But the other is overlearning the lesson from the first fallacy and deciding that it means we can ignore the scientific consensus. Certainly this is science and the consensus can change, but as evidence and studies mount, it decreases the probability exponentially of the consensus being completely wrong. Such changes have to match the empirical success of the current consensus. So any future changes are liable to be nuanced or apply to new domains.

      The thing about a current consensus, is that disagreement between studies early on actually strengthens that consensus rather than weakening it. It indicates that the scientific community explored alternatives to the consensus but found the current view the strongest one.

      So, be wary of individual studies, particularly ones with radical or outlier results. But don’t let that cause you to dismiss the scientific consensus. It’s still the best bet we have.

      Liked by 3 people

  2. Of course, generally agree and a good point.

    I feel like one problem is that scientists themselves overstate results. And that is often because they are just individuals that interact with society and speak about these various topics. Most of the scientists that I heard from were pretty cautious with the phosphine thing, but that is not as true on many other topics, it seems.

    The mask question really was trying for science early in the year. We had a pressing need for an answer, we turned to those who should be best suited for an answer, and they could only give their best understanding based on limited studies. And it quite frankly was a debacle that is still going on, both with masks and other issues surrounding Covid. Basically we did not and do not have enough time to put in enough tests to make the necessary medical judgment calls, so we rely on best conjecture along with limited studies.

    Of such issues, the news seems really good on these vaccines, and I am tempted to say get 10,000 doses to the most vulnerable in El Paso immediately (assuming there is some available). There is probably limited guidance on such and we must turn to experts to help us make such a call based on limited info.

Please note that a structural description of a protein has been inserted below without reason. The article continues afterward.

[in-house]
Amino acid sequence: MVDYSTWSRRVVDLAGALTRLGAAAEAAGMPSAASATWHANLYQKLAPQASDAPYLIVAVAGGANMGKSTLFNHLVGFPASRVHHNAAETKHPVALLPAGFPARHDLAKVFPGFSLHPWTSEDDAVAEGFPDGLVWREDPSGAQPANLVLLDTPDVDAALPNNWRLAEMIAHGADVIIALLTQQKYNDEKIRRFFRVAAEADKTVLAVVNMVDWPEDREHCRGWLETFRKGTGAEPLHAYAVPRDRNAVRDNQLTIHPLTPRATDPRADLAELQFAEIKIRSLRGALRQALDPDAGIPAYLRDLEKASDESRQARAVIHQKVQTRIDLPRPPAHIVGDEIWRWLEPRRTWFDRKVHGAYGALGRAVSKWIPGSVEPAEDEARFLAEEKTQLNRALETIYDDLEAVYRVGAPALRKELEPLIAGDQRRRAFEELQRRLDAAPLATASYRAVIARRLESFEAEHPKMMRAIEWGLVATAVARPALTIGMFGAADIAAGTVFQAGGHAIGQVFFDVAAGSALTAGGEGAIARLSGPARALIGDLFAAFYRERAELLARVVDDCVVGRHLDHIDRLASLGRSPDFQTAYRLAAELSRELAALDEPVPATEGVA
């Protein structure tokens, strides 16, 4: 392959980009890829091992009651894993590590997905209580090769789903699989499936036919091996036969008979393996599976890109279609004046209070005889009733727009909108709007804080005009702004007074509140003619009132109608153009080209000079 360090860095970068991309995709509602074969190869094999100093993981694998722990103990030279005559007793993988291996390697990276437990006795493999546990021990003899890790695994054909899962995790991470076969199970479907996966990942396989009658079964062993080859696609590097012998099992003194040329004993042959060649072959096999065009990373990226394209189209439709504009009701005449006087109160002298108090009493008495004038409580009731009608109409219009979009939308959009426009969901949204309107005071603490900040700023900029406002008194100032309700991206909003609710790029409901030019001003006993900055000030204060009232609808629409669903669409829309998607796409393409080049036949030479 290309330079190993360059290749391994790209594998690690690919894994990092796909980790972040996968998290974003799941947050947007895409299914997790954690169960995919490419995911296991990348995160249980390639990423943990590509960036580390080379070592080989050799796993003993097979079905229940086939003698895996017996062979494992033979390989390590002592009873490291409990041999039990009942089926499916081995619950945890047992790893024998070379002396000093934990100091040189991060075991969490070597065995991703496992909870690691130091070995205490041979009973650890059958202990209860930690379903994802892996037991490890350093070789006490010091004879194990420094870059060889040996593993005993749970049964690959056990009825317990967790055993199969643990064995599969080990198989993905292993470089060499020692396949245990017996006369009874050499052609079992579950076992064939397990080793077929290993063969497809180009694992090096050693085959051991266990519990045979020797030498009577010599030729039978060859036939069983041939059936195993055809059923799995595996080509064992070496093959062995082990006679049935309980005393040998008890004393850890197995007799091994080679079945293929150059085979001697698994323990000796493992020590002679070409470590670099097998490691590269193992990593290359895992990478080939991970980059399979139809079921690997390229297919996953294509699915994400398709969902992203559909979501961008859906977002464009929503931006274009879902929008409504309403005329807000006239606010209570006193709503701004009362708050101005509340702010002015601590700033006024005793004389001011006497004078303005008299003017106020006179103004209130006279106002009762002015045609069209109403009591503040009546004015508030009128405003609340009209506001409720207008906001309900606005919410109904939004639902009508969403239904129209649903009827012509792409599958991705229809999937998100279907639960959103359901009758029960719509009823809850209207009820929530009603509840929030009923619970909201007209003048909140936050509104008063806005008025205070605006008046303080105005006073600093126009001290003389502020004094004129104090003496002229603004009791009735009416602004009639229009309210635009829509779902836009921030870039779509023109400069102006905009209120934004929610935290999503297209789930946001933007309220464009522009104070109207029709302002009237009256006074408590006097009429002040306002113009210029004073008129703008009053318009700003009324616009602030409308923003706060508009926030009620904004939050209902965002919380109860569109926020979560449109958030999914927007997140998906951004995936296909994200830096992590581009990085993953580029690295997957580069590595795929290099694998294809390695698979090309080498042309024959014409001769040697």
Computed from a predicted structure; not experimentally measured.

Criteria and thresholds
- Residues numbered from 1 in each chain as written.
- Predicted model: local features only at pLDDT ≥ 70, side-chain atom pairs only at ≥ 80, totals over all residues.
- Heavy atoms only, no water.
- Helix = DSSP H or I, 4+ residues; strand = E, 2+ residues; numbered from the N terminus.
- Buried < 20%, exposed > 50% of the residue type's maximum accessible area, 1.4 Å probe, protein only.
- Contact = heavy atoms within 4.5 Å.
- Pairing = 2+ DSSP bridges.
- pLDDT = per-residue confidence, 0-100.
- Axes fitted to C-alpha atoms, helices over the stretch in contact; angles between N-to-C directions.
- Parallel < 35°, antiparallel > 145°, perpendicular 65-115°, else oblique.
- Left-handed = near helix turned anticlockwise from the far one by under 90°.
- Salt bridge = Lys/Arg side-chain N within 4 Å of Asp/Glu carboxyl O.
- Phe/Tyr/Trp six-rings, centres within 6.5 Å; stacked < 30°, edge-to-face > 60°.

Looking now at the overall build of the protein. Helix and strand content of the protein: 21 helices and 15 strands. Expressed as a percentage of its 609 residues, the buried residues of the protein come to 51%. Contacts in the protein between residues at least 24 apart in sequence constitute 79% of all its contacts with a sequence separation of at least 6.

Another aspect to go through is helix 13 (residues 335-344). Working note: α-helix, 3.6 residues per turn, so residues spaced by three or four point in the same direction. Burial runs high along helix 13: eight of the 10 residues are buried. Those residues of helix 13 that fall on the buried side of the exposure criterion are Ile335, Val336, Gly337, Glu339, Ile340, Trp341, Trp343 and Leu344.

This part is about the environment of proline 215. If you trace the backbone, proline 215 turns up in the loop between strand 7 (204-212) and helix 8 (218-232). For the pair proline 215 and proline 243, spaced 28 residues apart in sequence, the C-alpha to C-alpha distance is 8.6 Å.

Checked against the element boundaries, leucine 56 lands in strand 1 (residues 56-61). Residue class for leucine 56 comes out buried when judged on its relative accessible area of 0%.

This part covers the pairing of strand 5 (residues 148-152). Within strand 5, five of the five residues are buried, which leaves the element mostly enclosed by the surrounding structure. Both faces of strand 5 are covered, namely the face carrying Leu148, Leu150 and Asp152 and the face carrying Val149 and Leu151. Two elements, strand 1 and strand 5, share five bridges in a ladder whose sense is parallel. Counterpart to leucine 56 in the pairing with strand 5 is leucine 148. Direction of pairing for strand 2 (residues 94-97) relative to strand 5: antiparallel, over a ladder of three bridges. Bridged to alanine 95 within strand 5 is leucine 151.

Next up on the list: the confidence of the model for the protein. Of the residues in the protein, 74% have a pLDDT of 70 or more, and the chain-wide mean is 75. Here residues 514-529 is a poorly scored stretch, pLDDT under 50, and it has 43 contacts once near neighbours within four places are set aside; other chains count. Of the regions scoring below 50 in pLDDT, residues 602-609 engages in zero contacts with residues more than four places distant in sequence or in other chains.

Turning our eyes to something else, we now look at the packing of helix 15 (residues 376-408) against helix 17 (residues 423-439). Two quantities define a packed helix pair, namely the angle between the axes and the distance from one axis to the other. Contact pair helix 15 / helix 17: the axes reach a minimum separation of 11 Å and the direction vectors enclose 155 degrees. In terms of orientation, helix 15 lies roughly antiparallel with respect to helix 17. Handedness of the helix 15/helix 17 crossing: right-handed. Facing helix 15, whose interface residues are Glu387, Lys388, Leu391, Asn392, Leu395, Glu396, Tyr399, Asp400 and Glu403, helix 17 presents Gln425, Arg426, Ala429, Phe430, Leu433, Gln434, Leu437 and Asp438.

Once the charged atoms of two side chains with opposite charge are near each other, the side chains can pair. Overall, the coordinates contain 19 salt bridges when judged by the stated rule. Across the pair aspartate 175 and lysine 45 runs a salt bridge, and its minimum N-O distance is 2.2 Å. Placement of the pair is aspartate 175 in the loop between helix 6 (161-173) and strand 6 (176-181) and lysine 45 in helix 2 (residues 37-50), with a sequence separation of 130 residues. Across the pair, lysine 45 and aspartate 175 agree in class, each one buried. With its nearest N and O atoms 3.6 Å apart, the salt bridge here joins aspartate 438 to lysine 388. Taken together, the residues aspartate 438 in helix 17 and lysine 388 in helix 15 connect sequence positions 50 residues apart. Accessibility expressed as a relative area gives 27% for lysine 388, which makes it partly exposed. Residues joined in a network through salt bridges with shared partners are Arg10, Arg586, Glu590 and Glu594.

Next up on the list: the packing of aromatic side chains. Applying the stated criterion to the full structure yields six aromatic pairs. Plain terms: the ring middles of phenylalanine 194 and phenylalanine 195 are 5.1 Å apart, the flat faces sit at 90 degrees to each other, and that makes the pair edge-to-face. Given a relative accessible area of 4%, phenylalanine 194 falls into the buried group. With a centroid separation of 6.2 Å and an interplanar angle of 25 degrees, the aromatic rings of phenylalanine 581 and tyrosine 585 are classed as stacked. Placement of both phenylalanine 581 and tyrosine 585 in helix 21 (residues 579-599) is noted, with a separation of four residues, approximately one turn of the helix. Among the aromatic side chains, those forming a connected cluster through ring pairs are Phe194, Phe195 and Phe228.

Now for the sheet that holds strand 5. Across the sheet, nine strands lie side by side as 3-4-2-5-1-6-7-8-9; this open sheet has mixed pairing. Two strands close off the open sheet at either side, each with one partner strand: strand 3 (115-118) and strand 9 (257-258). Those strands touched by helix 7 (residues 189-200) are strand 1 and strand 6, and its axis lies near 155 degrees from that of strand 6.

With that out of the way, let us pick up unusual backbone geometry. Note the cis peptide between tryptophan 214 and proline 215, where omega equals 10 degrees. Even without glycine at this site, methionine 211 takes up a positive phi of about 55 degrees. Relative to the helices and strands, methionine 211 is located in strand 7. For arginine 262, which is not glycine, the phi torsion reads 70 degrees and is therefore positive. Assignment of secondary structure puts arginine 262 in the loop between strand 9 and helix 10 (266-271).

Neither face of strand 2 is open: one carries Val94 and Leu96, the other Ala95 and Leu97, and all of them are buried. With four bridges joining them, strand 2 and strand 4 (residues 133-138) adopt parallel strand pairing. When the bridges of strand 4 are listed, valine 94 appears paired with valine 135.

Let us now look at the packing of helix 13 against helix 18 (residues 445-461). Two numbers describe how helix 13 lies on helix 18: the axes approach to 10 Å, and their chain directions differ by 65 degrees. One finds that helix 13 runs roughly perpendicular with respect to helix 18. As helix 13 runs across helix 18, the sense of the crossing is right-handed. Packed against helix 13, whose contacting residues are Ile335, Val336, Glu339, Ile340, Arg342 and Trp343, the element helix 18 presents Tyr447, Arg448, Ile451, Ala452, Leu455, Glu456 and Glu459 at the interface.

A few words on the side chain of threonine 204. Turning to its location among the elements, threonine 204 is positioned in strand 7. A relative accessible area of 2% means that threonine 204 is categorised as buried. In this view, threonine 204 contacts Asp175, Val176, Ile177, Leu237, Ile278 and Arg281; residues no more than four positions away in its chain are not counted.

The messiness of health science jaundices peoples understanding of science, and in many of the ways it has been presented to the general public, it should. Though, it is so difficult and has been so contradicting that it also should clue people into the process itself.

    Liked by 2 people

    1. Thanks Lyndon.

      It’s worth noting that, from a scientific perspective, the mask thing has not been controversial since April. The earliest messaging was a mess, a compromise due to concerns about runs on medical grade masks. But the data and messaging since then has been consistent, at least from medical authorities. While they’re far from perfect, masks do work.

      The vaccine news does seem hopeful. I’m not following your El Paso point. But it sounds like they’re going to start with medical personal, first responders, the elderly, and other vulnerable populations. Hopefully the vaccines be available to the general public by mid 2021.

      Most of the apparent messiness comes from politics, not from contradictions from the medical science. It’s a tragedy. A lot of people (including one of my relatives) are dead because they listened to politicians instead of mainstream medicine.

      Liked by 1 person